Businesses are once again being forced to pivot as the province reinforces COVID-19 restrictions across Nova Scotia.
Starting Friday, masking, gathering limits and physical distancing restrictions are making a comeback. Food establishments and liquor-licensed businesses must have physical distance between tables and a limit of 20 people per table. Patrons must be seated to remove their mask for eating or drinking, and all other mask requirements for indoor public places remain.
Premier Tim Houston and Dr. Robert Strang made the announcement Monday, saying it’s only a short-term step. But the impact is already being felt.
Brendan Doherty, the co-owner of The Old Triangle in downtown Halifax, says they lost hundreds of reservations in the 24 hours following the announcement.
“We’ve had the rug pulled out from under us. Completely,” said Doherty. “People are staying optimistic, but it’s a pretty dark time right now. It just doesn’t make sense”
Doherty assumed some form of restrictions would be returning, but says he was not given a heads-up from the province or Public Health. He hasn’t been made aware of data indicating that restaurants have been a hot spot for the spreading of COVID-19.
“We’ve always been the first place to have restrictions placed on and the last one to have them lifted off,” he said.
“I want to keep everyone safe just as much as anyone else, but we’re reading the same data the province is putting out and we can’t be shutting down over runny noses or mild cases.”
It was around this time last year when additional restrictions were placed on bars and restaurants in Halifax. But Patrick Sullivan of the Halifax Chamber of Commerce says things are different this time around, with vaccines and more testing options.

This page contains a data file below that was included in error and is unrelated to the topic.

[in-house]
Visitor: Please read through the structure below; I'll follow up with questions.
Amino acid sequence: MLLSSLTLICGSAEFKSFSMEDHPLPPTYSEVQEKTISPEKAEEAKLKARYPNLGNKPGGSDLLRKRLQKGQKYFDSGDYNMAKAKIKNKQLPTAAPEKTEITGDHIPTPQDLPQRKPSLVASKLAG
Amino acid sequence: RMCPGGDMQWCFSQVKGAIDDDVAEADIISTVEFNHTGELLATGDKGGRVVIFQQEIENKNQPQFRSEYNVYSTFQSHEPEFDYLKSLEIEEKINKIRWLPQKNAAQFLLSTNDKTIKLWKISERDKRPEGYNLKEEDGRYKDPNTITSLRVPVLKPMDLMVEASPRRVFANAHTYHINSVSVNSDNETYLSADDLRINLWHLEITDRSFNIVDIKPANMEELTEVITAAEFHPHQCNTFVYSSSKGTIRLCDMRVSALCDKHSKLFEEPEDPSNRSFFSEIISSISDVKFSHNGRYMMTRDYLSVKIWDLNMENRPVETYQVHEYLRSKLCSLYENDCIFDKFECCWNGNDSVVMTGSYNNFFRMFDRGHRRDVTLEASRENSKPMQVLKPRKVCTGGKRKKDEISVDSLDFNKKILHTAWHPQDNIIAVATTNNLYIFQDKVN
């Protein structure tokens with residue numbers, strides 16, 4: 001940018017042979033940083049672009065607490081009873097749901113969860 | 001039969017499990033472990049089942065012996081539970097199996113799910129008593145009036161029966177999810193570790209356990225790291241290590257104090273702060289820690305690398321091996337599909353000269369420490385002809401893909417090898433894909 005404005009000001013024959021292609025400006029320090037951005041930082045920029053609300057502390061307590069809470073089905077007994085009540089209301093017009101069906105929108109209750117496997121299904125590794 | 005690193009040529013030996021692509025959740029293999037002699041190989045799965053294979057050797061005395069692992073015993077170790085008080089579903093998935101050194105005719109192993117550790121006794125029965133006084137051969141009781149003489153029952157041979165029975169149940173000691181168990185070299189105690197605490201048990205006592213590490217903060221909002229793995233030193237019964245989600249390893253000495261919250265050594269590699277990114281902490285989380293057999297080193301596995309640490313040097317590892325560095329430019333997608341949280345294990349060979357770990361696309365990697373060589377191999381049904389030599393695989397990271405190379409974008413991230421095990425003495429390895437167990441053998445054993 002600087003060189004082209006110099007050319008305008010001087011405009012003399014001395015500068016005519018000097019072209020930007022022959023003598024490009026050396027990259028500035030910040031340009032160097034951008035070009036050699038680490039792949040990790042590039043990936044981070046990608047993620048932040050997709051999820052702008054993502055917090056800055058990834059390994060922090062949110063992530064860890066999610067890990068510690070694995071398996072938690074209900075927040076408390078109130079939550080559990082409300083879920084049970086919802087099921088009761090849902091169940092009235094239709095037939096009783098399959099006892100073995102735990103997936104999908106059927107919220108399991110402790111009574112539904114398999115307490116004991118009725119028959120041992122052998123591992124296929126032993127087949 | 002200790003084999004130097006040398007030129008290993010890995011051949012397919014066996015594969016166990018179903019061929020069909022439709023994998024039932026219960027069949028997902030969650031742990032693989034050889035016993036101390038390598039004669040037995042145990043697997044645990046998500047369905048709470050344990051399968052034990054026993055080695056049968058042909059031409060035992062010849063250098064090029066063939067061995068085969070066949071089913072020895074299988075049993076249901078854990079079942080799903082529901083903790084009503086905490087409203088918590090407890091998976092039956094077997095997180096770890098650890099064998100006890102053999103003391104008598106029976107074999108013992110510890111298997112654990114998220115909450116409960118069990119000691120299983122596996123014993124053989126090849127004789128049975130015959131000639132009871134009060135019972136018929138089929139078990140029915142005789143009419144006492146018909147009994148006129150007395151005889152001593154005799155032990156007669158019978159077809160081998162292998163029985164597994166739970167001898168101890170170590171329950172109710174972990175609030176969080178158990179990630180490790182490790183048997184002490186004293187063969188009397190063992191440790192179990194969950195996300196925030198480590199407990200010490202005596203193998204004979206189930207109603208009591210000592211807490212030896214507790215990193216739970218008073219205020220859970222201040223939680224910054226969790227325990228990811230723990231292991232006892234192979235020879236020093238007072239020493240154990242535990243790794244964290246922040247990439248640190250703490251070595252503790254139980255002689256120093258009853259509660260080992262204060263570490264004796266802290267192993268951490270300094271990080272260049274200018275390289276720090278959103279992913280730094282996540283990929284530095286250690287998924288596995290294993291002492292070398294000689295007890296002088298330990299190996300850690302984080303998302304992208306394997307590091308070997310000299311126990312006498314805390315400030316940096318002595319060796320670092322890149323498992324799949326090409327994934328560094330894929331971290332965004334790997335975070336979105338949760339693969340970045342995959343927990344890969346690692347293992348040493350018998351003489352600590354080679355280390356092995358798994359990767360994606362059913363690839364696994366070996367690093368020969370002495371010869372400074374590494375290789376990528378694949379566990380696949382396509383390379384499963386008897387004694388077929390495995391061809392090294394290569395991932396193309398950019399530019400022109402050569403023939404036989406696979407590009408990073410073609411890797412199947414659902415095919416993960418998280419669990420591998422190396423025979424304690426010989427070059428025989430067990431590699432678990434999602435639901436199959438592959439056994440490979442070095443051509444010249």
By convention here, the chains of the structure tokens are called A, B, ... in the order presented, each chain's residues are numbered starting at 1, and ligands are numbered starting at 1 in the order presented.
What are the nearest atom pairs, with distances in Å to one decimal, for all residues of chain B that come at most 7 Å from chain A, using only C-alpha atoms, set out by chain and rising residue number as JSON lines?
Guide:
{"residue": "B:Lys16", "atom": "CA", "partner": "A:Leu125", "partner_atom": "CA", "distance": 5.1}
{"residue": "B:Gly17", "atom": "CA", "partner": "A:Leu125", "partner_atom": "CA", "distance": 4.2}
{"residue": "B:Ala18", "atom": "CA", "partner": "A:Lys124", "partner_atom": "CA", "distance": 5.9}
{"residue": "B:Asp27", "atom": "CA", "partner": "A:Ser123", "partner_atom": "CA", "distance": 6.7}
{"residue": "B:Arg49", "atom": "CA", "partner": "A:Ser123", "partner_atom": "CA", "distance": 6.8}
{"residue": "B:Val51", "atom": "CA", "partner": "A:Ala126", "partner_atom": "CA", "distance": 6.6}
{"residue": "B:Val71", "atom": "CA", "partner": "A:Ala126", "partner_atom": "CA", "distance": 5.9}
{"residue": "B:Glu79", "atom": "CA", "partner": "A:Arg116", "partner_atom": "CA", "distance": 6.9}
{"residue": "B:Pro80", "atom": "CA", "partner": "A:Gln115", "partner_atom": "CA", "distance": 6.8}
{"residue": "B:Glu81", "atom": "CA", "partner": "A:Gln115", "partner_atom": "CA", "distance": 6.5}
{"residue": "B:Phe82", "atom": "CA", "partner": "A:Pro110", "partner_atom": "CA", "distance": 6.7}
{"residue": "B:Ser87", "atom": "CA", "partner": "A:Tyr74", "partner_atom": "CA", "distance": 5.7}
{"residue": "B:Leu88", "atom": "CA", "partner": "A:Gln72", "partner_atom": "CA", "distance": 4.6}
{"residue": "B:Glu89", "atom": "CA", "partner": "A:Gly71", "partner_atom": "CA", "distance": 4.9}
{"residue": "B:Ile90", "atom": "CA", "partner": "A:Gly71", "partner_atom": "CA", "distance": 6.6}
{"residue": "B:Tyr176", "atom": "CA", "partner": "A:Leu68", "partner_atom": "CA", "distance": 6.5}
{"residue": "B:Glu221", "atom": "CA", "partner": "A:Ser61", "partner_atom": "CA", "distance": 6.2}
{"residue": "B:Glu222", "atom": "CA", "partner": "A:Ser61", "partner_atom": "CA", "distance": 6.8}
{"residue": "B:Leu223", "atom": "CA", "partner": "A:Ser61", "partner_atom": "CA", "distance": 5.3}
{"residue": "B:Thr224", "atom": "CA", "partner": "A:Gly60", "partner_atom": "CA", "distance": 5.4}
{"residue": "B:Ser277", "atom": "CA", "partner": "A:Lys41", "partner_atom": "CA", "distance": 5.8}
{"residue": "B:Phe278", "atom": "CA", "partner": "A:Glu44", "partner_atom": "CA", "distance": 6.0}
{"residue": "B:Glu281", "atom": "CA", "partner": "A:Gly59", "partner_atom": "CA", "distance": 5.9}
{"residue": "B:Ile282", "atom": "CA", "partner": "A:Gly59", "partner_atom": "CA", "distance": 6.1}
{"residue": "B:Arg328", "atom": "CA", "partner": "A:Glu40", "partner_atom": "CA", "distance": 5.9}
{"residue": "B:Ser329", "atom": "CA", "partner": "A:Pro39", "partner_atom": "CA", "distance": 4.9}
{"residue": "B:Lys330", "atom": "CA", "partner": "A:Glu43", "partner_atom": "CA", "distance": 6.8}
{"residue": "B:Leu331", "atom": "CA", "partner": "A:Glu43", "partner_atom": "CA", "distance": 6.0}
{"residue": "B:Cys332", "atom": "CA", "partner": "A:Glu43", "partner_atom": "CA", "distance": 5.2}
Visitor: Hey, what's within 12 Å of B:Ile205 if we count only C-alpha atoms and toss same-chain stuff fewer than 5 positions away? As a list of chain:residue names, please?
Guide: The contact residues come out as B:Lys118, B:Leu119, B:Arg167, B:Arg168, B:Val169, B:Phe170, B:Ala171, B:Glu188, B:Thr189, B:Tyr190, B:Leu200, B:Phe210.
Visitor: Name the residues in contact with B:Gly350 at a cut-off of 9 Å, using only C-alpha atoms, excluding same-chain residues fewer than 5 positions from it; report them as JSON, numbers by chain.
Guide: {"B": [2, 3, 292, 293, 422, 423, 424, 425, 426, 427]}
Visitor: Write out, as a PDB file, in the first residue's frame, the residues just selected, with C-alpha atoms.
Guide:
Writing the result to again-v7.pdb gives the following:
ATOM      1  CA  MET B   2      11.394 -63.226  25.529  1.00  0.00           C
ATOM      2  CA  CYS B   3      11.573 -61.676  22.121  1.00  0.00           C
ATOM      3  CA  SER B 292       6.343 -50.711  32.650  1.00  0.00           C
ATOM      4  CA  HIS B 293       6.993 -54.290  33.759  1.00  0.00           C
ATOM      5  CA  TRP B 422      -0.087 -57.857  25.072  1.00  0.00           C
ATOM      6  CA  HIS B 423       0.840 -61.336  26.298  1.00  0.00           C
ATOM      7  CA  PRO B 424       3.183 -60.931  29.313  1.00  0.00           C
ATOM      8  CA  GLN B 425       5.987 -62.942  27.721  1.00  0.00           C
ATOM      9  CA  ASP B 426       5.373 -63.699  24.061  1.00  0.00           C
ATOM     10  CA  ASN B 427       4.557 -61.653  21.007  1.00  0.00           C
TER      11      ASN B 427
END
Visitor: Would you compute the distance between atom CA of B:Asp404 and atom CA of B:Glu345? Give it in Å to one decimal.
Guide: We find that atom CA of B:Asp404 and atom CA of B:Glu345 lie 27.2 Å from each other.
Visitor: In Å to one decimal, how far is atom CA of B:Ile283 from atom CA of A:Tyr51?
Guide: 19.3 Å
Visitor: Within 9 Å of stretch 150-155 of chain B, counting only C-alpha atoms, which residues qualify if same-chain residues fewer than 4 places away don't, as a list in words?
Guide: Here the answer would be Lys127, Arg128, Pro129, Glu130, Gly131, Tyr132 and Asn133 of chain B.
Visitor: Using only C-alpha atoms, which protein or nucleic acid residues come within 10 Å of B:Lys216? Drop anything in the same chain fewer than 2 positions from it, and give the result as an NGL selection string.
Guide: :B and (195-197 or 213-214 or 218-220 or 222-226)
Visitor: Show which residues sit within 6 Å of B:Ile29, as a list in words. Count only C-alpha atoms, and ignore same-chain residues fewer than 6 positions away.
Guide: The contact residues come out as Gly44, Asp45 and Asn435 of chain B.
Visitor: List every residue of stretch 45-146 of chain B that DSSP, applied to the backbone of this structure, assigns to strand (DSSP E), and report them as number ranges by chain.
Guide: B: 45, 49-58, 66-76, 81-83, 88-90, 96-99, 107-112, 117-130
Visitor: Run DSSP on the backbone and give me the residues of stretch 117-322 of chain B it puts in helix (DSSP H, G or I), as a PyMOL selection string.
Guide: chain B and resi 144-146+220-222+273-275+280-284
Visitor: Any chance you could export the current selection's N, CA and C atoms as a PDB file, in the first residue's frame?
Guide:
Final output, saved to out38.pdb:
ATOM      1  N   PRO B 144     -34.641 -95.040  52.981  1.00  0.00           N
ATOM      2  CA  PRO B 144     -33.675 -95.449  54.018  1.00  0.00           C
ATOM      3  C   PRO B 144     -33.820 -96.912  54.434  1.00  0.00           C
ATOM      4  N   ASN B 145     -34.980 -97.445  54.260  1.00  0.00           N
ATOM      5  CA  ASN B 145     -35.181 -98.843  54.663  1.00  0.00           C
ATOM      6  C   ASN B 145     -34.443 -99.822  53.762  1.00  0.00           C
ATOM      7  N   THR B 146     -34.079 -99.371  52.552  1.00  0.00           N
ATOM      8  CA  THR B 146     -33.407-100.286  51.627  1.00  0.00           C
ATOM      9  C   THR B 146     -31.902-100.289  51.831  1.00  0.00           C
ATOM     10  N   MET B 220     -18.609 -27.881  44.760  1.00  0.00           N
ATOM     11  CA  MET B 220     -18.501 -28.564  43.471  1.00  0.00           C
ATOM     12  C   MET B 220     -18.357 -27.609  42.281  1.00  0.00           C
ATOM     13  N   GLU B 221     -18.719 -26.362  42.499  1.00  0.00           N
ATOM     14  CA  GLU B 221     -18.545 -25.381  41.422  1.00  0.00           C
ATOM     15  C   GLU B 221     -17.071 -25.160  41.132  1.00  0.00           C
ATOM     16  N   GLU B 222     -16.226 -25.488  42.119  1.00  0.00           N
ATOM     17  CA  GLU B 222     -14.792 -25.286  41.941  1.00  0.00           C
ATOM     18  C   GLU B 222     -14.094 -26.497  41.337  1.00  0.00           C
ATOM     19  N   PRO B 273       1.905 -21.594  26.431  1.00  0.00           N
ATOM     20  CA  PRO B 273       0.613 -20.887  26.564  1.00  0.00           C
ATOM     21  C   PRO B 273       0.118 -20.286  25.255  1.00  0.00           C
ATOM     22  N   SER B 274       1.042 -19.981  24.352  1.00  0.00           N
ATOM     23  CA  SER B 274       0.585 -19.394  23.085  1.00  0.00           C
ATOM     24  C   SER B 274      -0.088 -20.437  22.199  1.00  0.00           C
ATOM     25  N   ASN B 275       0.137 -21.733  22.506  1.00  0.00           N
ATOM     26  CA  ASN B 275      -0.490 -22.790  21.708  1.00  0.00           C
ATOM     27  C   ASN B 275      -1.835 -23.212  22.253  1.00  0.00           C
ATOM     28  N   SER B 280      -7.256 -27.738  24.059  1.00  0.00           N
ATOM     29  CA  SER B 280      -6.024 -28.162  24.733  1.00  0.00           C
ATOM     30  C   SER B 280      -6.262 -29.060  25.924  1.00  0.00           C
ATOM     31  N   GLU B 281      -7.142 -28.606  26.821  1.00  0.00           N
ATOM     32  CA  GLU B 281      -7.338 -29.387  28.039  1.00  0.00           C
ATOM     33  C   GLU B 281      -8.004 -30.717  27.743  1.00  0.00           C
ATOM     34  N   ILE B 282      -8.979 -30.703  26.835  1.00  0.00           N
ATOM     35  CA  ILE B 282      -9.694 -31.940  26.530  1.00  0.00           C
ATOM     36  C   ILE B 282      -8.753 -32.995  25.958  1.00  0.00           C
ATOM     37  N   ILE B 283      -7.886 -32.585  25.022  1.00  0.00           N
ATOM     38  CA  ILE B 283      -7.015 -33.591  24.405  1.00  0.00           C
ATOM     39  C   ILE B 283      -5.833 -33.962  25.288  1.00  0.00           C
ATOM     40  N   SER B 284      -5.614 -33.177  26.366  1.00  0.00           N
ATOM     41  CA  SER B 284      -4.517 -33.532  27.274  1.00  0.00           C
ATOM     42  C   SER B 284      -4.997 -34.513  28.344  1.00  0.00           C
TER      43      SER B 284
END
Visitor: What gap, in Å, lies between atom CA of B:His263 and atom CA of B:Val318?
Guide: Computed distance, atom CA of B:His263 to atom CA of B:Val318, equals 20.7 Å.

“We know that it’s safe in a restaurant or in a hotel, or wherever events are taking place. We know it’s safe if people follow the health restrictions and they utilize the (COVID-19) tests,” said Sullivan.
Gordon Stewart, president of the Restaurant Association of Nova Scotia, says the losses will be “massive,” likely resulting in millions in lost revenue.
“We have a huge increase in costs, somewhere around eight per cent on average for food costs, which means restaurant prices are going to go up,” said Stewart. “We have labour rates that are going to go through the roof, we have supply line issues … it’s just one thing after another.
“Having restrictive measures now is just adding more pain on everyone.”
Stewart says he too was taken by surprise by the changes, as he was not consulted by the province or Public Health beforehand.
“If there was consultation, I certainly would have been putting my foot on the gas, not the break, because I think there was a much greater opportunity to do something better.”
Sue Uteck with the Spring Garden Area Business Association says downtown businesses are already struggling from the latest streetscaping project underway. She too wants more clarity on what went into the decision.
“There’s a level of frustration from the merchants,” said Uteck. “(They’re saying) ‘how can a faith-based gathering have 150 people, or a sporting event, but yet I require my customers to be six metres apart?'”
As for Doherty, he says stronger communication is needed between Public Health and the restaurant association.
“All I want to do is just do my job and go home at the end of the day,” he said. “These restrictions make that really hard to do.”